We hear a lot of talk in the digital marketing industry about gamification. It's become one of the latest buzzwords. But what exactly is gamification, and how are leading players in the travel industry using it to build brand loyalty and draw in more sales?
How Gamification Works
Gamification works by combining commonly used applications, such as customer loyalty programmes, with game playing techniques and rewards to create a more entertaining and competitive user experience. This is thought to motivate users more highly and therefore strengthen their engagement and increase brand loyalty.
The travel industry already has its traditional air miles and hotel loyalty schemes, but as gamification as a marketing tool gains popularity across a broad spectrum of industries, so the travel industry has felt compelled to catch up.
Gamification in Hospitality
One good example of innovative gamification in the travel industry is Starwood's recent collaboration with Foursquare. The international hotel chain joined forces with the location-based social app to enhance Starwood's traditional guest loyalty programme by adding game playing features. Loyalty programme users were given the opportunity to link their Foursquare accounts to their Starwood accounts to take advantage of a special summer promotion. Users with confirmed hotel reservations could earn 250 extra Starpoints (Starwood loyalty points) just by checking into a Starwood hotel on Foursquare and sharing the check-in with their network via the app. They could also use Foursquare to collect more badges and unlock various rewards (such as a five-night hotel getaway deal). The campaign also included a competitive element, where the person with the most Foursquare checkins at Starwood hotels could win the title of 'SPG Mayor', and the chance to share their travel tips with the community. This gave them them great kudos among the Foursquare community, while promoting the Starwood brand at the same time.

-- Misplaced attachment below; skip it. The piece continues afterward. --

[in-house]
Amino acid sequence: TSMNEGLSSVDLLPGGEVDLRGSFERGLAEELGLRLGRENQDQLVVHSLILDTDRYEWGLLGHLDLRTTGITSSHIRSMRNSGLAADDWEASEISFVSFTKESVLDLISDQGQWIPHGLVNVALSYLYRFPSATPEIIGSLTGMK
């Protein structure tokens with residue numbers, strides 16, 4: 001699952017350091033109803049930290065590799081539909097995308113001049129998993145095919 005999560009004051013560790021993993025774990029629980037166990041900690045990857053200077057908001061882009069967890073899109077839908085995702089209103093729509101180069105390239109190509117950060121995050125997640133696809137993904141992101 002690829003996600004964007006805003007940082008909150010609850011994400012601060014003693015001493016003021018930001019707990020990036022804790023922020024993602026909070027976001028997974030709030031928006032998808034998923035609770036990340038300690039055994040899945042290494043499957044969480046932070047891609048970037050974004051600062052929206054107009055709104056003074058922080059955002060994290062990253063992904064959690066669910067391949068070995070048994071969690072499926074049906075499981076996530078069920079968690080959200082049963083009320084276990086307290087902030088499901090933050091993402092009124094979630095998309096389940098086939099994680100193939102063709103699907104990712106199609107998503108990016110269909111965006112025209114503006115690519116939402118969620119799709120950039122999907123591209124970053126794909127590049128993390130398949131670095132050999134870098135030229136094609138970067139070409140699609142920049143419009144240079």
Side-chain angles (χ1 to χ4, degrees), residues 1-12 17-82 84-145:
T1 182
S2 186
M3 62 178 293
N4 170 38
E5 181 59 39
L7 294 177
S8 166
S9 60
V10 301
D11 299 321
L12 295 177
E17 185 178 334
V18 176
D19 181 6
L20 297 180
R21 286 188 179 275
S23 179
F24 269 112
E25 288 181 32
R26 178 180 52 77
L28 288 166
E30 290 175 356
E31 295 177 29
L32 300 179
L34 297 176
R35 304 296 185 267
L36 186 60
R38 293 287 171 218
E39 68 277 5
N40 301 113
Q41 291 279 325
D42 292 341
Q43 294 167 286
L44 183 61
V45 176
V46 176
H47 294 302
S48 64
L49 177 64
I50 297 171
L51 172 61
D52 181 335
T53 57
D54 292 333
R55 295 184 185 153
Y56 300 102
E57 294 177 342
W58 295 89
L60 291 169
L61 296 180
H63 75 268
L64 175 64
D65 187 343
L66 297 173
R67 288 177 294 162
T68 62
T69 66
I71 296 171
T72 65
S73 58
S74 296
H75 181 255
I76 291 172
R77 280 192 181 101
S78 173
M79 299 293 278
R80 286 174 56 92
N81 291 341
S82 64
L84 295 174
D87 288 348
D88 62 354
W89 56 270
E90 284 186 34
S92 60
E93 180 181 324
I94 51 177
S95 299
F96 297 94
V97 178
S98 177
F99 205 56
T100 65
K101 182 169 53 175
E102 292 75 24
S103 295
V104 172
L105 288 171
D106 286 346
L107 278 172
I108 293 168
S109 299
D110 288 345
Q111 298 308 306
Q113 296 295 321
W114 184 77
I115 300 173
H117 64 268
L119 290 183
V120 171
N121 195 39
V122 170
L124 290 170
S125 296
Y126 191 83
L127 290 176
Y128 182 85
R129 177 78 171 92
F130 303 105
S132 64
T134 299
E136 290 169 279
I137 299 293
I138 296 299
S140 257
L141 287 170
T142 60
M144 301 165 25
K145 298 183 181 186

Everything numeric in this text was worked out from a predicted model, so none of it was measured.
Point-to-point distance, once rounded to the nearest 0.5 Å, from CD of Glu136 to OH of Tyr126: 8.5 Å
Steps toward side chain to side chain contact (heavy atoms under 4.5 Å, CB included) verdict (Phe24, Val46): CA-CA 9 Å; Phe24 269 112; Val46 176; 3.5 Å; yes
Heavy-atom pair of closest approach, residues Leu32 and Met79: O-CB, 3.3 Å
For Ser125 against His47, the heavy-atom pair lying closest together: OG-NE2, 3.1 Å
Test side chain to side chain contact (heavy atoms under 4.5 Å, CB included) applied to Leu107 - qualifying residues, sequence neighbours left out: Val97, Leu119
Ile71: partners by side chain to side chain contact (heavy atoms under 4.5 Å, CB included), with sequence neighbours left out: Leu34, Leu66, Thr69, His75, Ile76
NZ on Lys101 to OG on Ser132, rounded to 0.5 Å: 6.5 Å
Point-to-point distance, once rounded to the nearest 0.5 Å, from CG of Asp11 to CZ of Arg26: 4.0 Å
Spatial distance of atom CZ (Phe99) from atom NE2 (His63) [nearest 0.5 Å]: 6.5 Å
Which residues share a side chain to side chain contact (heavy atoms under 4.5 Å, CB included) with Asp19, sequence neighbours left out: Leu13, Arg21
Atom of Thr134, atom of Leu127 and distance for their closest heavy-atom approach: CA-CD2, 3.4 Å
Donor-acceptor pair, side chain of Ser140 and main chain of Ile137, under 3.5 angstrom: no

Gamification in the Airline Industry
Airlines are also keen to get involved in gamification as part of their marketing campaigns. US carrier JetBlue introduced 'TrueBlue Badges', a rewards-based game platform for its TrueBlue members.
Members have the option to turn on the Badges programme, where they can then unlock 292 badges depending on travel, (for example, flying to a new city), loyalty (such as referring friends or sharing badges on social media channels, or by engagement with one of JetBlue's partner's (such as American Express or Hertz).
Most Foursquare badges come with non-expirable reward points, offering users a new way to earn miles even after the flight itself. The social component adds an element of competitiveness to the programme, while offering users the option to link their TrueBlue Badges to their Facebook or Twitter account, they also can view the leaderboard to see how they fare against the competition.
Engages Existing User Base and Captivates New Customers
Gamification is an excellent way to engage your user base and develop greater loyalty among them, while introducing a highly social aspect to your marketing campaigns. Hosting regular contests and social programmes of this sort also helps strengthen a brand's image as customer-friendly, socially-minded and digitally-engaged. It can also catch the eye of other potential customer and bring them into the fold.
The statistics reflect this view, with a recent study by Gigya showing that gamification increases engagement by one-third, improving online commenting by 13%, social sharing by 22% and content discovery by 68%! Additionally, a recent Gartner report predicts that by next year, more than 70% of Global 2000 organisations will have at least one gamified application.
In our increasingly connected world, engaging customers such a fun and competitive way is an opportunity that brands really can't afford to miss.
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